In Tactics Advertising Inc. v. Hartford Insurance Co. of Canada the insurance brokers were held liable for failing to make the appropriate inquiries of their client as to the nature of its business and accompanying risks when the clients relied on them to provide appropriate coverage. In that case the insured operated a business which consisted of consulting and advertising for new home sales. The insured hired an independent contractor to update the company`s computer system and equipment to train staff. The independent contractor destroyed the entire computer system. The acts of the independent contractor were excluded under the company`s insurance policy. The company brought an action against the brokers for damages arising from negligence in arranging insurance coverage. The brokers had renewed insurance coverage of the company without discussing changes and exclusions in the policy with representatives of the company. The brokers had not been aware of the independent contractor working at the company and had not questioned the company in this regard. The company relied on the brokers to advise them of reasonable risks the company was facing. The Court found the brokers failed to make appropriate inquiries required to identify such risks and failed to advise the company accordingly. The brokers made no real attempt to determine the company`s needs, failed to explain coverages or give alternate advice where coverages were not available. The insurance to cover the independent contract should have been identified by the brokers as a potential risk.
Defences Available to Brokers
If a broker can demonstrate that the insured did not rely on the broker’s advice, the insured will not be successful in a negligence action against the broker. In Kalkinis (Litigation Guardian of) v. Allstate Insurance Co. of Canada the insurance agent recommended that the insured increase coverage under the motor vehicle policy from $500,000 to $1,000,000. The insured agreed to increase but later changed his mind. The insured’s son-in-law contacted the agent and cancelled the increased coverage. The insured was involved in an accident and judgment was issued against him for $1,000,000. The insured brought an action against the insurer for the difference between the coverage and the damage award. The trial judge found the agent negligent because the agent did not explain why the minimum coverage was inadequate.
The insurer appealed and was successful. The insured had not relied on the agent for insurance advice. He had relied on his son-in-law, who persistently recommended that the emphasis should be on the cost of the premium and not the quality of coverage.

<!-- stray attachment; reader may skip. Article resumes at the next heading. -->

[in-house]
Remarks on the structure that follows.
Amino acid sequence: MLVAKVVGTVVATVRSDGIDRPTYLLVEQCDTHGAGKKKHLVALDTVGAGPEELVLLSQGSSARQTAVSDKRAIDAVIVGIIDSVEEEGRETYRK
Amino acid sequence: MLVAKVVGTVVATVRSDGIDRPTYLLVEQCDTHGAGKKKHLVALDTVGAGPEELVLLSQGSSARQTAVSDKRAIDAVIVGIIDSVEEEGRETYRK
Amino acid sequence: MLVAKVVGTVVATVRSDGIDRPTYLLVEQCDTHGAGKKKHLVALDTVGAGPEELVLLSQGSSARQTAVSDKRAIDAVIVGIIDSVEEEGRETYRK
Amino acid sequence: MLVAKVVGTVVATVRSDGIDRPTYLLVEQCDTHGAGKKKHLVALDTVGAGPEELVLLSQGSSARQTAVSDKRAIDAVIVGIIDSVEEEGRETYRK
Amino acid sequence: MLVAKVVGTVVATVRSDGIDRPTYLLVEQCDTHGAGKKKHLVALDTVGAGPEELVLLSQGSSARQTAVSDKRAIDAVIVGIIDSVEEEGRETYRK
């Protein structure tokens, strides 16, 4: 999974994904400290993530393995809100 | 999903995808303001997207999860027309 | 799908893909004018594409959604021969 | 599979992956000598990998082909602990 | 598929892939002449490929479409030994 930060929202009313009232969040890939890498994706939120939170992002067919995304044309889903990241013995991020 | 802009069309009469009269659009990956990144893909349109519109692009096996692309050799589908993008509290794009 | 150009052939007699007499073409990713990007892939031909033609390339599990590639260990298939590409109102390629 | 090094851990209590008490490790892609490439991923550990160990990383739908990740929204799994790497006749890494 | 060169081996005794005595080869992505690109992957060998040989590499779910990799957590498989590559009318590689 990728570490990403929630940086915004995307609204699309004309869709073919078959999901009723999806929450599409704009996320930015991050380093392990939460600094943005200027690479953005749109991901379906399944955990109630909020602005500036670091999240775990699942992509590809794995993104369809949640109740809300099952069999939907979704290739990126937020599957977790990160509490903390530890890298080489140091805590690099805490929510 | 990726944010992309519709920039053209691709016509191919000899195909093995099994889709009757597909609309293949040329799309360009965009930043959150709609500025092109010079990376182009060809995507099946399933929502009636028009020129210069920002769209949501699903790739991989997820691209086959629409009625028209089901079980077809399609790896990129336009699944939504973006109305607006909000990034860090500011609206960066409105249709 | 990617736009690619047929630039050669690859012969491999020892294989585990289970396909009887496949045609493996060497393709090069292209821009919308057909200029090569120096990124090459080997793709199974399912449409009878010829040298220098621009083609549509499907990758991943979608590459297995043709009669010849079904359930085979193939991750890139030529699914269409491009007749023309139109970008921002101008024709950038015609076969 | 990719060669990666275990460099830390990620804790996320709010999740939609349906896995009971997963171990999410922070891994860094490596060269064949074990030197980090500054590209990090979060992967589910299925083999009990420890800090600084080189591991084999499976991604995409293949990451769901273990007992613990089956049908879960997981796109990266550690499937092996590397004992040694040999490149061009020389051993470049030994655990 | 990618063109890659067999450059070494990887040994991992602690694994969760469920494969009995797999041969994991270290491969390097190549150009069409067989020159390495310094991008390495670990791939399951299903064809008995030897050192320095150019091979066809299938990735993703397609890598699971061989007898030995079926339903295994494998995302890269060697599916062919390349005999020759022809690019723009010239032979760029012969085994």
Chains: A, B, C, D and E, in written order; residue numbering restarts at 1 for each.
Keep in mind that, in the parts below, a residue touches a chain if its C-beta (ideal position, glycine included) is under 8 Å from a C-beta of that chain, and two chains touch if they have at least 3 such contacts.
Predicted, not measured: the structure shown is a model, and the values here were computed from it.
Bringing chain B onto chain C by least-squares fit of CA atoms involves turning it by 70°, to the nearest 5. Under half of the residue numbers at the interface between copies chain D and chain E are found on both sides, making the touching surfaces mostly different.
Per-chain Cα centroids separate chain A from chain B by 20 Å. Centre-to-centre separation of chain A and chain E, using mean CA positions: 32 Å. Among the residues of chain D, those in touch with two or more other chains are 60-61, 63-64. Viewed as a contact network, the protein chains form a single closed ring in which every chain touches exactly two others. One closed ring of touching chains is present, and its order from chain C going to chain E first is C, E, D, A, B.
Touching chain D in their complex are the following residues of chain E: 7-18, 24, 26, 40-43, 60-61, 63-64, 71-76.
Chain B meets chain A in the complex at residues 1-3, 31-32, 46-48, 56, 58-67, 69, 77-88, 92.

Where a client does not rely on the expertise of the agent in determining coverage, the agent will not be liable for gaps in coverage.
The plaintiff has to prove on the balance of probabilities that the plaintiff suffered damages as a result of the insurance agent’s breach. There must be a causal link between the breach and the damages experienced. However, once the plaintiff proves a breach of the agent’s duty of care to ensure that there was full coverage, the onus with respect to causation shifts to the defendant insurance agent. It is for the defendant to establish that coverage for the loss that happened was not available and could not have been obtained through other sources. Without such evidence, it is open to the court to infer, as the court did in Dustbane Products Ltd. v. Gifford Associates Insurance, supra note 19, at paras. 191-195 that:
… it is inconceivable – in my view, that Dustbane would not have taken alternative steps to ensure that it was properly protected against the very situation that it now finds itself in. At the very least one can surmise that someone with Merkley’s education and business background, if he had been advised of the gap in insurance coverage, would have protected Dustbane from the potential liability it now faces…. I am not satisfied on the evidence before me that the defendants have met the evidentiary standard required to establish that even with a breach of the duty of care, that such breach did not cause the losses that Dustbane might now face given the gap in insurance coverage.
The plaintiff is obliged to establish that but for the broker’s breach, the additional coverage would have been purchased. As noted, this can be difficult for claimants to prove if their past practice was to purchase minimal coverage. In Godina, despite finding that the broker did not breach the standard of care, the Court went on to analyze whether the broker caused the insured’s loss. The Court found that even if the broker breached the standard of care, the evidence did not support a finding that the insured would have purchased the optional benefit coverage on the basis that: the plaintiff only ever wanted the minimum coverage legally required; he always opted for the lower liability limit; collision coverage was always declined; the insured always contacted the broker promptly when changes occurred that could reduce his premium; the insured drove without insurance for a period until he came into contact with police while operating the vehicle; and the insured did not respond to the letter recommending an increase to the accidents benefit coverage to “suit his individual needs”.